Mahatma Letter to H. S. Olcott - LMW 2 No. 8

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Written by: Serapis Bey
Received by: Henry Steel Olcott
Sent via: unknown 
Written on: June-August 1875
Received on: June-August 1875
Other dates: unknown
Sent from: unknown
Received at: New York
Via: unknown

This is Letter No. 8 in Letters from the Masters of the Wisdom, Second Series. In it Mahatma Serapis Bey offers encouragement to Henry Steel Olcott to continue working with Elbridge Gerry Brown.[1] Letters 4-8 of this series are closely related.

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Page 1 transcription, image, and notes

MY Brother must try not to either lose or lessen the youth's confidence in him. He must therefore be kind, sympathetic and soothing with his erring soul; my Brother must try to open his erring soul to the monstrosity of his behaviour towards our Sister, to his apparent if not real ingratitude towards her who befriended him in such an unselfish manner. My Brother Henry must not be lenient, but on the contrary, purporting to be repeating the expressions of the Brotherhood of Luxor, let him know in the most undisguised way what opinion is entertained of him by those who read his most secret thoughts, and who, if they withheld the greater portion of what they know of him . . . did this but on account of . . . Brother Henry must add that sorry as he is for him, he cannot do anything for him without the permission of the Lodge, except to help his paper with his contributions; (that) he has no money, and if he had, could do naught without the orders of his chiefs; if the youth wants his paper to be saved from failure he has to turn for help to her whom he wronged so cruelly.

He must repent and suffer . . . . If Brother Henry succeeds in arousing repentance in his callous Atma, he will have saved a soul; if he fails, all hopes for the youth's future will be blighted and the wisdom of the Lodge will provide otherwise.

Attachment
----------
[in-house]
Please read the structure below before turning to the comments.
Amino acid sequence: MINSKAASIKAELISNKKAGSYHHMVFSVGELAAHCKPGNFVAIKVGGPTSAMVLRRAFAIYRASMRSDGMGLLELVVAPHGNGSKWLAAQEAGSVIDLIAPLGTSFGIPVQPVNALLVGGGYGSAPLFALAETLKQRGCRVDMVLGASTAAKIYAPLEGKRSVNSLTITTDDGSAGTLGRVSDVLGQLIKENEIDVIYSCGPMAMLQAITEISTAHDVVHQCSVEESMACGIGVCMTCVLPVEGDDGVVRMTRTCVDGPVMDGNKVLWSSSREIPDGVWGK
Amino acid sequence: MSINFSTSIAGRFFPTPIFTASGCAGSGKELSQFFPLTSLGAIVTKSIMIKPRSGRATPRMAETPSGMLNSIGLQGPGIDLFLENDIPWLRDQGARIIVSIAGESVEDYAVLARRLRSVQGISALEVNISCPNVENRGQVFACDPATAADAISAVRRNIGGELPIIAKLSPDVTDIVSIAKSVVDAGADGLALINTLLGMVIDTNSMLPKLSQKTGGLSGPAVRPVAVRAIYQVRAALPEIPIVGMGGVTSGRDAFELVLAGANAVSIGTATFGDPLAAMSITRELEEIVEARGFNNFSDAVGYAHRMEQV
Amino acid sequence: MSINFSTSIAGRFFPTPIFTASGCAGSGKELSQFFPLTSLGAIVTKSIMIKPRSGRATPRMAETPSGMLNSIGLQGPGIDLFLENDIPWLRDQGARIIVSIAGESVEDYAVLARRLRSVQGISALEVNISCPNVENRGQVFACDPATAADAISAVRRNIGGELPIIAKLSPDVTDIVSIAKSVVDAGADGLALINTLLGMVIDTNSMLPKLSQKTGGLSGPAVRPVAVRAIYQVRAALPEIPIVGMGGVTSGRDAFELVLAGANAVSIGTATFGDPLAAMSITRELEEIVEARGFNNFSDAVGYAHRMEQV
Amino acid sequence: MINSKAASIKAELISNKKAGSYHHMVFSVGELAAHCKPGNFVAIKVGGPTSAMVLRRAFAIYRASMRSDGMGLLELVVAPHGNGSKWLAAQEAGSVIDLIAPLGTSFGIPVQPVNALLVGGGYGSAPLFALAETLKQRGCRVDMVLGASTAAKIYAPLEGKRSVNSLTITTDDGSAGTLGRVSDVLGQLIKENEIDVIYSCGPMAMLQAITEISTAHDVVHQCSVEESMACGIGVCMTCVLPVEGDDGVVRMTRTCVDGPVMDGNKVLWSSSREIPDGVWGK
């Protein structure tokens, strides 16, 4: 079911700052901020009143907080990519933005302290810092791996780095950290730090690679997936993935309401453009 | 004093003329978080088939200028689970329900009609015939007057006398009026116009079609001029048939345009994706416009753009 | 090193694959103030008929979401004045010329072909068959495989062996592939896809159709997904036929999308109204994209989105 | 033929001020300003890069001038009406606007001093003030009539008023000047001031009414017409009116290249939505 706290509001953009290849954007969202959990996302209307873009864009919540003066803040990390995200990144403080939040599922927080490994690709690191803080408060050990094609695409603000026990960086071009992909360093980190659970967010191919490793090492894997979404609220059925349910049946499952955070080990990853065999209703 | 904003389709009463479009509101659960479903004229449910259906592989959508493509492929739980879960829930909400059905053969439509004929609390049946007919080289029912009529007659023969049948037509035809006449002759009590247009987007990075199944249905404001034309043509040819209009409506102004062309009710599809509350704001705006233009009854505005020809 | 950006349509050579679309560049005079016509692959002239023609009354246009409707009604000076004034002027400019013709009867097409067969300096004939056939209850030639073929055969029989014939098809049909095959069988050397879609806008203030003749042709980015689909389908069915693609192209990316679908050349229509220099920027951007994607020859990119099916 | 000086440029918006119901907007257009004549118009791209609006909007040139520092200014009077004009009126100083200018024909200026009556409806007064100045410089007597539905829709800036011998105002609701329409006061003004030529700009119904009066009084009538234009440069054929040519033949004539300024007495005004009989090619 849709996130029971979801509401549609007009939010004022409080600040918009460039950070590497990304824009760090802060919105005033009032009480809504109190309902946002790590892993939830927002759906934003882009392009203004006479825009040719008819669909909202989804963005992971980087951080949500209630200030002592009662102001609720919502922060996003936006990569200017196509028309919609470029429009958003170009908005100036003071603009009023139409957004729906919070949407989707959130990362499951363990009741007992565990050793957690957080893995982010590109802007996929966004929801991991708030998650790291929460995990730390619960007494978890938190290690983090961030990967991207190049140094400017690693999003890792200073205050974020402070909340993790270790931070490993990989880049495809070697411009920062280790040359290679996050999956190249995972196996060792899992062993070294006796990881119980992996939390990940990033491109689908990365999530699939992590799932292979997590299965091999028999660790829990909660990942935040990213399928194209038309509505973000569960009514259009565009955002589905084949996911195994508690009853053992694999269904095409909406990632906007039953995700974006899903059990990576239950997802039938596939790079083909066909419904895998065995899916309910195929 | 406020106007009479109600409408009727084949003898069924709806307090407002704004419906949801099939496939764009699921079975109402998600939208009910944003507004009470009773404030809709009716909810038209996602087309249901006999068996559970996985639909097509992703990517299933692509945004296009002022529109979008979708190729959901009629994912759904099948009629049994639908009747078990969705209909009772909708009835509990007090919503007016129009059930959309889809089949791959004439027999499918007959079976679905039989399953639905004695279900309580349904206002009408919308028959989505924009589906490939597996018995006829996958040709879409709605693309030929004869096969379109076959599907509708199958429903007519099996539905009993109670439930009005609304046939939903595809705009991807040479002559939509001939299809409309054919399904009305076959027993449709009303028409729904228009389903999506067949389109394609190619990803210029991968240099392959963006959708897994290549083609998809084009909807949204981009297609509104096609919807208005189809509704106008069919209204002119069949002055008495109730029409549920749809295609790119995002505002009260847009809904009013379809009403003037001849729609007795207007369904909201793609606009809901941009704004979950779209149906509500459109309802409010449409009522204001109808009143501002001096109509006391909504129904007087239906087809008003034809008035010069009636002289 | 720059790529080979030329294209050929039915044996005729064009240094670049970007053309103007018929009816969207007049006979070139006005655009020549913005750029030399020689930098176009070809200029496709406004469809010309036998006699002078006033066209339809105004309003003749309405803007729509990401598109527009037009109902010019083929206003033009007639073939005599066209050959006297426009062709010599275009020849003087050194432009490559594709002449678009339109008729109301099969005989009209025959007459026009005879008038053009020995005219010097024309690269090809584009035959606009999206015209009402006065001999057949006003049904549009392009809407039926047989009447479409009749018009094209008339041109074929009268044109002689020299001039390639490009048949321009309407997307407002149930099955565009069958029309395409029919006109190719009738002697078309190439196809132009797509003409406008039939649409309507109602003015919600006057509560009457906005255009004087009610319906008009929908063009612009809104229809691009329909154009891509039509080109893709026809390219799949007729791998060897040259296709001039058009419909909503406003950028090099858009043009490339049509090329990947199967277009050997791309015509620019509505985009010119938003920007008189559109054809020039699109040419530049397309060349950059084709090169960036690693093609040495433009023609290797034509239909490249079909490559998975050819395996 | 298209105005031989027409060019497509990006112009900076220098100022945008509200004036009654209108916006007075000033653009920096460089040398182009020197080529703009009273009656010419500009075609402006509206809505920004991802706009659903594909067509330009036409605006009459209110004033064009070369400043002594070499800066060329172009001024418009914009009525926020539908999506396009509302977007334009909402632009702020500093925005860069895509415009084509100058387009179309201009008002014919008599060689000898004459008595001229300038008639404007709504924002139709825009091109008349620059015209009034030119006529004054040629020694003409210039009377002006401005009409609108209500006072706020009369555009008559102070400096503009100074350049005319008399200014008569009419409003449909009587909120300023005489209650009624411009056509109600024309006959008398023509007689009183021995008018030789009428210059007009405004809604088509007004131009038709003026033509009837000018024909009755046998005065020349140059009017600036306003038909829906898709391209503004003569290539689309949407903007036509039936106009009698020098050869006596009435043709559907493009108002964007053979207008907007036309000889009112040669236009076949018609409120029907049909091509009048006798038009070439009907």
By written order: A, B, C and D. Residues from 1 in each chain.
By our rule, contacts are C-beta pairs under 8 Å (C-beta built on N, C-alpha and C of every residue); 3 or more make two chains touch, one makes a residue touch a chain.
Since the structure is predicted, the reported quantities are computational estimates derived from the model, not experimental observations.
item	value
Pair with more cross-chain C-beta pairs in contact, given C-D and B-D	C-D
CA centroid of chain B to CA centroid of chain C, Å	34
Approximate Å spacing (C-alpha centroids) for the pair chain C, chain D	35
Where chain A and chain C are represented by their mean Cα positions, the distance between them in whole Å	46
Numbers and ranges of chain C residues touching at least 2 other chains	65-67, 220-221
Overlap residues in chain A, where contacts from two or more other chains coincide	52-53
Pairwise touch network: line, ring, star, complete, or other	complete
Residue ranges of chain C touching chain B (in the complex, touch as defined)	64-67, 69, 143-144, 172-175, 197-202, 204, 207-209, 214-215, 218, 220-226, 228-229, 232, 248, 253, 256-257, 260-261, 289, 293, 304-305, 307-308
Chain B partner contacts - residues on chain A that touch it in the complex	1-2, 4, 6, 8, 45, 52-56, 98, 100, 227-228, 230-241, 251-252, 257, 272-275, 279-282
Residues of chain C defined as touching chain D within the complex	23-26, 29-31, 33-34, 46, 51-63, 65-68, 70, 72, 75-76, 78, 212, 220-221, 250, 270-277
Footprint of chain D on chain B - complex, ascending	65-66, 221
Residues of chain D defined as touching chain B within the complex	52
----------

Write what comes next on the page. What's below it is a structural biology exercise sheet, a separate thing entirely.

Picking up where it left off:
God's blessing upon thee, Brother mine.




Context and background

Mr. Jinarajadasa provided this background information:

...the Egyptian Brotherhood originally intended to make the nucleus of the Movement not two but three. The third person was a young American, Elbridge Gerry Brown, the editor of the Spiritual Scientist, Boston. Gerry Brown stood out from other spiritualists by a desire to understand the occult laws behind spiritualistic phenomena. It was the intention of the Egyptian Brotherhood that the Theosophical Movement should, as its first work, initiate a broadening and deepening of Spiritualism. While proof as to survival after death was most valuable, it was only one fact in a larger philosophy which the Adept Brothers intended to give to mankind. Gerry Brown evidently in the beginning responded to these ideals, for he placed his paper at the service of the Brotherhood. BothH.P.B. and H.S.O. not only contributed articles, but also much money to the support of the Scientist. This part of the plan, however, broke down....

Gerry Brown went bankrupt in September 1878, owing money to both H.P.B. and Colonel Olcott....[2]

Physical description of letter

The original of this letter is preserved at the Theosophical Society, Adyar, Chennai, India.

Publication history

Commentary about this letter

Mr. Jinarajadasa wrote little commentary about this very short letter:

So Gerry Brown lost the great opportunity offered him by the Masters of becoming one of a noble triad whom future Theosophists would ever hold in reverent gratitude.[3]

Additional resources


  1. C. Jinarajadasa, Letters from the Masters of the Wisdom, Second Series (Adyar, Madras,India: Theosophical Publishing House, 1925), 14-15, 19-20.
  2. C. Jinarajadasa, 14-15.
  3. C. Jinarajadasa, 15.